Frank and Ian’s faux coverage. Things get out of hand when the pair – for reasons too
complicated to explain – end up faking their own kidnapping by
Ecuadorian terrorists, which miraculously gets coast-to-coast coverage and
makes their plight the water cooler topic of a nation.
Fundraisers emerge across the US, which even leaves the very
self-serving Eleanor using the newfound celebrity status of her husband to
launch her own media career.
initial premise of SPECIAL CORRESPONDENTS is, as mentioned, a devilishly
clever one. Gervais
rightfully plays right into the public’s complete willingness to buy
just about any news story thrust upon them, and without questioning its
veracity in any way shape or form. As
an odd couple comedy of two doofuses wading their way through a con that
becomes impossible to maintain the longer it progresses, Gervais and Bana
are really well paired together in the film.
Gervais can play a man-child in his proverbial sleep, and his
geeky, comic book obsessed schlub in Ian is hardly a stretch for the
actor. Bana, on the other
hand, is a real performance saving grace in the film, who seems to revel
at fully evoking Frank’s deeply narcisstic high opinion of his own
dick-swinging bravado. The
supporting cast is also quite good, especially Farmiga, who juicily plays
a hilariously conveying woman that will stop at nothing to profit off of
her husband’s fake kidnapping. The
lovely Kelly MacDonald also appears as a colleague/friend to Ian, but her
affectionately bubbly demeanor and good will seems kind of squandered in a
disappointingly underwritten character.
CORRESPONDENTS doesn’t do itself any favors when, rather inexplicably,
it radically changes tones with its story, seeing Frank and Ian being
forced to actually smuggle themselves into the very country they’ve been
deceiving everyone that they’re actually in.
The shift from radical media satire into a road
trip/south-of-the-border culture clash comedy is a very peculiar one that
never seems to pay off as handsomely as Gervais thinks it does.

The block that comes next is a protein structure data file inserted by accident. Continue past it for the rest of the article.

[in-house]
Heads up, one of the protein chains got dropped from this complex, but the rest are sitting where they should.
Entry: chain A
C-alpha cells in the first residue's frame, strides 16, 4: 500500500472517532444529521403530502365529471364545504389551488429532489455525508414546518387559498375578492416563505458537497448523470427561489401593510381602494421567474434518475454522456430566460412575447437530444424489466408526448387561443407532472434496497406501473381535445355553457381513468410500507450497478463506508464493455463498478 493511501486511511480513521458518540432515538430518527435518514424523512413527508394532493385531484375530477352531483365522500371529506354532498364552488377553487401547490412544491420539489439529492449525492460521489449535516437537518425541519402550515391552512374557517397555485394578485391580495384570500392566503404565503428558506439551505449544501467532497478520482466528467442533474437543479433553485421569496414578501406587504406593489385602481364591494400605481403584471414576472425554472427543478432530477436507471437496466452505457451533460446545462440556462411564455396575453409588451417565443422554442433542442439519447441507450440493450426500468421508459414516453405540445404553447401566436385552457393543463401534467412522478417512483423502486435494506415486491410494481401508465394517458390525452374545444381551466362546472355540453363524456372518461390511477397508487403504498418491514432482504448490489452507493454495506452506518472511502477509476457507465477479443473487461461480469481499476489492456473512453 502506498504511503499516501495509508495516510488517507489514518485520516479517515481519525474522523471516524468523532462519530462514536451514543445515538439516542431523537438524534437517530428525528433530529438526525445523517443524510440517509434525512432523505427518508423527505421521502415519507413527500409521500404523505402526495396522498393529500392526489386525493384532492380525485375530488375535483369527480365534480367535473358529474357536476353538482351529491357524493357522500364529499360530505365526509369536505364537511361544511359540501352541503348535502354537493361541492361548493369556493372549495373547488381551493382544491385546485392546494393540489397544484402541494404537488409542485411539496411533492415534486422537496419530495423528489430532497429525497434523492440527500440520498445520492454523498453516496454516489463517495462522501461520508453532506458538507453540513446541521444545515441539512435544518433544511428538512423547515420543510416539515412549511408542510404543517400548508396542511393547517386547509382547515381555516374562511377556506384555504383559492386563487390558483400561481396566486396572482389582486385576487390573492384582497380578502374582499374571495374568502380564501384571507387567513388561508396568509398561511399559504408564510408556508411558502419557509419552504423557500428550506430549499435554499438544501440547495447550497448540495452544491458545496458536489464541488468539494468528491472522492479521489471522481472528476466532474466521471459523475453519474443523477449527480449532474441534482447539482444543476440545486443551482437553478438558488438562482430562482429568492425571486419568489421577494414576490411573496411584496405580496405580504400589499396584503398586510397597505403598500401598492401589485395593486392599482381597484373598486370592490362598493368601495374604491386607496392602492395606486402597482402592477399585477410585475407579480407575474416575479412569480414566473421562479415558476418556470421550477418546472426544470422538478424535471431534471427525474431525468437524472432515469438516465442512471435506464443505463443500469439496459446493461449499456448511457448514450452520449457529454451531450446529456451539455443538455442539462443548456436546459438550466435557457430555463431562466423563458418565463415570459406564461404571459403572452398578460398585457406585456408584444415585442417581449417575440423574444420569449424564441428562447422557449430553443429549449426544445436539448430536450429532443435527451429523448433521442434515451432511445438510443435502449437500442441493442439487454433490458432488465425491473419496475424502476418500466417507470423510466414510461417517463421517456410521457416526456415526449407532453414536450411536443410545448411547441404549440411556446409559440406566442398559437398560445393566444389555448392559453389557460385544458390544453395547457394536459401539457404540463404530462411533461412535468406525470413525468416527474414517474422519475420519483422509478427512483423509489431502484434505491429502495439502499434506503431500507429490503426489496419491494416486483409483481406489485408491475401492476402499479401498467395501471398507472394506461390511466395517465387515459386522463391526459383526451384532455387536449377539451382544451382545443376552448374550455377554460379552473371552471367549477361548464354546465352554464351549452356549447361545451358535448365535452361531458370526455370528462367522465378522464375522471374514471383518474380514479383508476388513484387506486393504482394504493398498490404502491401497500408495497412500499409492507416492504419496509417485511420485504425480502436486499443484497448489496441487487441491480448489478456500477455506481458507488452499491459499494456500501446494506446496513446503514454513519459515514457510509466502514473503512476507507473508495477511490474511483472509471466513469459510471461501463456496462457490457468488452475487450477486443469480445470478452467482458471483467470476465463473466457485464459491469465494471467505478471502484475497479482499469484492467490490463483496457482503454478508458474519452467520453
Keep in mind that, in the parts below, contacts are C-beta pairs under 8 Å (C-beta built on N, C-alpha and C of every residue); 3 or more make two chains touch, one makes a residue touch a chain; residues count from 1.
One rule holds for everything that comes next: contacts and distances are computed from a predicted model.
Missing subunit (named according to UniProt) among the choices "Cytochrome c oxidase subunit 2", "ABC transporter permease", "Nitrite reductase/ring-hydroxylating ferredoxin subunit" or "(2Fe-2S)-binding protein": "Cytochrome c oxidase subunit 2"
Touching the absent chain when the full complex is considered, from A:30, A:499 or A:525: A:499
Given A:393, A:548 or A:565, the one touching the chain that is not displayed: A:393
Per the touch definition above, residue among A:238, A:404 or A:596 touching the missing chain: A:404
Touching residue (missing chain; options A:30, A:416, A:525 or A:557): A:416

Then there’s the writer/director’s own somewhat misguided
interpretation of modern newsmen. In this film’s seemingly “imaginary” world, radio news
shows have the resources and capital to send their correspondents to other
countries at the drop of a hat to cover civil wars, which doesn’t seems
for that matter, why isn't a ridiculously good looking, talented, and
ambitious journalist like Frank not working as a prominent TV
journalist instead of slumming it as a radio newsman for a seemingly
mid-tier station? Also logically baffling is why Frank and
Ian would set up shop so close to their workplace.
That would seem like an obvious recipe for instant disaster, but
for the situational comedic needs of this film, Gervais sure thinks it’s
some of the charade is indeed side-splittingly funny, like the manner that
Ian inventively recreates jungle forest and gun sound effects to help sell
the illusion of Frank being in Ecuador. Also amusing is a bit where Frank tries to give acting advice
to Ian as to help coach him on “selling” his fear as a prisoner in the
bogus kidnap video they shoot (which has Ferrera posing as a masked
terrorist…in high heels). Some
of these bits made me laugh uproariously, but Gervais never fully creates
a whole package that capitalizes on all of the possibilities
of the film’s gonzo premise. Satirizing
the public’s lazy gullibility in consuming news and the whole nature of
thorny reporter ethics and how the two intersect with one another has all
the markings of a darkly amusing and brutally unflinching satire, but
Gervais’ overall approach to it here is simply too casual and ends up
falling back more on easily digestible farcical overtones.
You’d think that the typically gutsy Gervais would have a field day taking spirited jabs at American journalists stopping at nothing to shape the news for their own petty self-serving needs. Alas, SPECIAL CORRESPONDENTS – despite showing great early promise – plays things too achingly safe with the material to make a lasting impression. Considering that Gervais has established himself as being unafraid to offend anyone in popular media, I was surprised by how little he went on the mocking offensive here.